Spygate: Email reveals Comey tried to hide fact that ‘pee’ dossier was not verified

An email indicates that former FBI Director James Comey was unsuccessful in an attempt to alter a draft public statement from then-Director of National Intelligence James Clapper that questioned the veracity and reliability of the now-infamous “Trump dossier.”

The document, produced by former British spy Christopher Steele for political opposition research firm Fusion GPS and financed by the 2016 campaign of Hillary Clinton, became the central document triggering the so-called “Spygate” investigation into alleged collusion between President Donald Trump’s 2016 campaign and Russia.

Immediately following publication in the media about the existence of the document, an email exchange between Comey and Clapper shows the latter sought to release a statement that “[t]he IC [Intelligence Community] has not made any judgment that the information in [the Steele election reporting] is reliable.”

But Comey interjected, suggesting that a different public statement by Clapper be made that did not attack the credibility of the wild, unsubstantiated allegations made by Steele.

The Comey email, which has not received media attention until now, was revealed inside the Justice Department’s recently released 476-page Inspector General report on the FBI’s Russia collusion investigation, Breitbart News reported.

Comey wrote in his email:

I just had a chance to review the proposed talking points on this for today. Perhaps it is a nit, but I worry that it may not be best to say “The IC has not made any judgment that the information in the document is reliable.”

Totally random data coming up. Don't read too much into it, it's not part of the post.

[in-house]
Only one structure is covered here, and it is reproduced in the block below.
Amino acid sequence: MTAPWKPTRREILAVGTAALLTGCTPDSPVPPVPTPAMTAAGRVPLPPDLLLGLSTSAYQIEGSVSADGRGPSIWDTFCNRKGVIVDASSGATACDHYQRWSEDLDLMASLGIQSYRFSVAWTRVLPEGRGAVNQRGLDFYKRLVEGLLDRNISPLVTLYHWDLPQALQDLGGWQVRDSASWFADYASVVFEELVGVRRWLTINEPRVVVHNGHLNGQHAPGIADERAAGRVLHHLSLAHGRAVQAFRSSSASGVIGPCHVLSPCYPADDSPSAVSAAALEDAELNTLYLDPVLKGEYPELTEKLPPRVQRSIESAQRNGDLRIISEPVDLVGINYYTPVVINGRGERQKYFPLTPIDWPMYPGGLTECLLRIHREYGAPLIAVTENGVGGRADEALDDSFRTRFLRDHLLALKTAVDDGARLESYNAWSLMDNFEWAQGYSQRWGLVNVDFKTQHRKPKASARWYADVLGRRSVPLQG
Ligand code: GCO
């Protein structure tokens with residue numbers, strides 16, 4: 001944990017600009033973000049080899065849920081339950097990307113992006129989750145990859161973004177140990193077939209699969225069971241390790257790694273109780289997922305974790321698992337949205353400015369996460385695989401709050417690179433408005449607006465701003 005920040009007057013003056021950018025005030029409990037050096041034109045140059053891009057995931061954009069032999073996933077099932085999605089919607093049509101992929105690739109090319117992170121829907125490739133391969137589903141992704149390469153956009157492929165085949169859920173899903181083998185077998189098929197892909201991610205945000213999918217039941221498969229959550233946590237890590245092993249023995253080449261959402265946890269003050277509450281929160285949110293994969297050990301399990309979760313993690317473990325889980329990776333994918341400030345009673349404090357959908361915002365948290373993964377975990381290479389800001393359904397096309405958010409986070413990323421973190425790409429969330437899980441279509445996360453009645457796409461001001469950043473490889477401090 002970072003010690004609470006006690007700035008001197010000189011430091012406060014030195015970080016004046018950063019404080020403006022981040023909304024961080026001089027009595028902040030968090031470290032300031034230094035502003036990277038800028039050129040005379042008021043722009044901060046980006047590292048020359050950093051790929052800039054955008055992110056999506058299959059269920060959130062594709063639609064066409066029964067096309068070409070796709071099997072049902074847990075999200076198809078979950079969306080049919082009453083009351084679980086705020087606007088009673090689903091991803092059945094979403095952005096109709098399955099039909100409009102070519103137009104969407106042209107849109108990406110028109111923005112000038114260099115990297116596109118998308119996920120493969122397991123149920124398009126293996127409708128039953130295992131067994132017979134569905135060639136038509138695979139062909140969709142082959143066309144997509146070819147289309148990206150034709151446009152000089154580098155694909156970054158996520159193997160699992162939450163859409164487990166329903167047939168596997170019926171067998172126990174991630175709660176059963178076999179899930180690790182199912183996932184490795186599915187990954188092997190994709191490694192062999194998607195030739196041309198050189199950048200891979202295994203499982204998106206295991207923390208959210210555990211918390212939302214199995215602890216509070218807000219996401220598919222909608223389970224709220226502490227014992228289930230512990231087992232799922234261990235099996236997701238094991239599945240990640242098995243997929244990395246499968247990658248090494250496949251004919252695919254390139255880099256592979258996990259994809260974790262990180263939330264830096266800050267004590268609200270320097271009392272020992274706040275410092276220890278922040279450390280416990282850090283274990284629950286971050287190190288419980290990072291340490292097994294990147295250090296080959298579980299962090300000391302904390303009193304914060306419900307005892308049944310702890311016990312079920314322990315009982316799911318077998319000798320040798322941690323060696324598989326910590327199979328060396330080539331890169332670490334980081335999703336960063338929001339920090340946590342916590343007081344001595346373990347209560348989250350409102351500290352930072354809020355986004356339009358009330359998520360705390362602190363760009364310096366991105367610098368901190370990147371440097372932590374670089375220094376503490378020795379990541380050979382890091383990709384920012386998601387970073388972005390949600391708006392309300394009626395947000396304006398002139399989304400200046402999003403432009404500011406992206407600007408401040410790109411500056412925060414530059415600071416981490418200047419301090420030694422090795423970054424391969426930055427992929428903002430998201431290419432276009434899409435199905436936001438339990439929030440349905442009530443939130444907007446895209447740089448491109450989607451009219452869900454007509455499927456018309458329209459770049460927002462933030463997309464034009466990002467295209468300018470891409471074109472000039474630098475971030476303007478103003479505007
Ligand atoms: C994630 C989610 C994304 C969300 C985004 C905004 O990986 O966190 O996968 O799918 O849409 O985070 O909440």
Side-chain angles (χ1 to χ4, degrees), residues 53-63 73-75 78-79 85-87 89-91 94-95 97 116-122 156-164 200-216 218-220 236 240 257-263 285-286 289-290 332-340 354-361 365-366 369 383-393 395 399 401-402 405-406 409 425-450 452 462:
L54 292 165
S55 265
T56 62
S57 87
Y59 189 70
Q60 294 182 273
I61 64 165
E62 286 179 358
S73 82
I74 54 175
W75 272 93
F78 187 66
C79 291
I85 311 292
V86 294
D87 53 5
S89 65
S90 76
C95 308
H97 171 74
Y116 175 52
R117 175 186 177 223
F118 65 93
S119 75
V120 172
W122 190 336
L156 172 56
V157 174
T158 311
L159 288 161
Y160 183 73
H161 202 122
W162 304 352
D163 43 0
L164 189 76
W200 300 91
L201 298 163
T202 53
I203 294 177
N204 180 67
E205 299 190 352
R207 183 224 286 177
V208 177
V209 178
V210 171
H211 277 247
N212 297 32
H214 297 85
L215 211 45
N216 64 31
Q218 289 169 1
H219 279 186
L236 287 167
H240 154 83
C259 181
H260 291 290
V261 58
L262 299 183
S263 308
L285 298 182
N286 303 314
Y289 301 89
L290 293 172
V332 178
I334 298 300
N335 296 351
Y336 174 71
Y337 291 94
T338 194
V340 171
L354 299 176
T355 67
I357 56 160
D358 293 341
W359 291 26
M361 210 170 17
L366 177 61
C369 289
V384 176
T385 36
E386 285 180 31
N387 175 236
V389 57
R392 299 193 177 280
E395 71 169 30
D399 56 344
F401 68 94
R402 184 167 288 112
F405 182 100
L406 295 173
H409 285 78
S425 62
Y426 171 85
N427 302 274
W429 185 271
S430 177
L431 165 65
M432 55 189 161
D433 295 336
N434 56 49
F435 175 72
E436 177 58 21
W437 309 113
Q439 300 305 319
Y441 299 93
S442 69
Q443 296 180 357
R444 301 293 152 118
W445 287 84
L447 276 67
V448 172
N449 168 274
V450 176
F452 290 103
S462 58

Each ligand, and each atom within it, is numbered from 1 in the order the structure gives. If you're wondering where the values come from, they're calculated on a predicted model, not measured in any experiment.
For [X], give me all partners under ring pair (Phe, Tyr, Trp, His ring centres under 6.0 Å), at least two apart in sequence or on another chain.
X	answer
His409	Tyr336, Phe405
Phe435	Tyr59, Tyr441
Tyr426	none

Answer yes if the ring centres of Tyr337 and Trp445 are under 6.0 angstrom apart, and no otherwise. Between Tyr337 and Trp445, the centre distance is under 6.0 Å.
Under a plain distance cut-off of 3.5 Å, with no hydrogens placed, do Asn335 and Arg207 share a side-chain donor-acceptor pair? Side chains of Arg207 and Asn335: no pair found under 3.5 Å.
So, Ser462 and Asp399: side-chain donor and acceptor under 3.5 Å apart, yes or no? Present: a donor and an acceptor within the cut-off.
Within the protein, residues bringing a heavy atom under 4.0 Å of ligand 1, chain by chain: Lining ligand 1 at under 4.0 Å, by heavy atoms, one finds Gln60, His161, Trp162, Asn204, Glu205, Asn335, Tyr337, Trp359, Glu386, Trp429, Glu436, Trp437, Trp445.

I say that because we HAVE concluded that the source [Steele] is reliable and has a track record with us of reporting reliable information; we have some visibility into his source network, some of which we have determined to be sub-sources in a position to report on such things; and much of what he reports in the current document is consistent with and corroborative of other reporting included in the body of the main IC report.

That said, we are not able to sufficiently corroborate the reporting to include in the body of the [ICA] report. That all rings in my ears as more complicated than “we have not made a judgment that the information in the document is reliable.”

It might be better to say that “we have not be [sic] able to sufficiently corroborate the information to include it in the body of our Russia report but, for a variety of reasons, we thought it important to include it in our report to our senior-most audience.”

The email was sent on January 11, 2017, one day after web publication BuzzFeed  the dossier’s full unverified contents.

The same day, CNN published a leak that the dossier had been included in an official classified January 6, 2017 briefing with President-Elect Trump.

Republicans and allies of the president have long since questioned why the unsubstantiated dossier was included in an official classified briefing.

In the end, Clapper rejected Comey’s suggested changes.

“The IC has not made any judgment that the information in [the Steele election reporting] is reliable, and we did not rely upon it in any way for our conclusions” in the official January 6, 2017 U.S. Intelligence Community report, known as the ICA, which analyzed alleged Russian interference efforts in the 2016 election.

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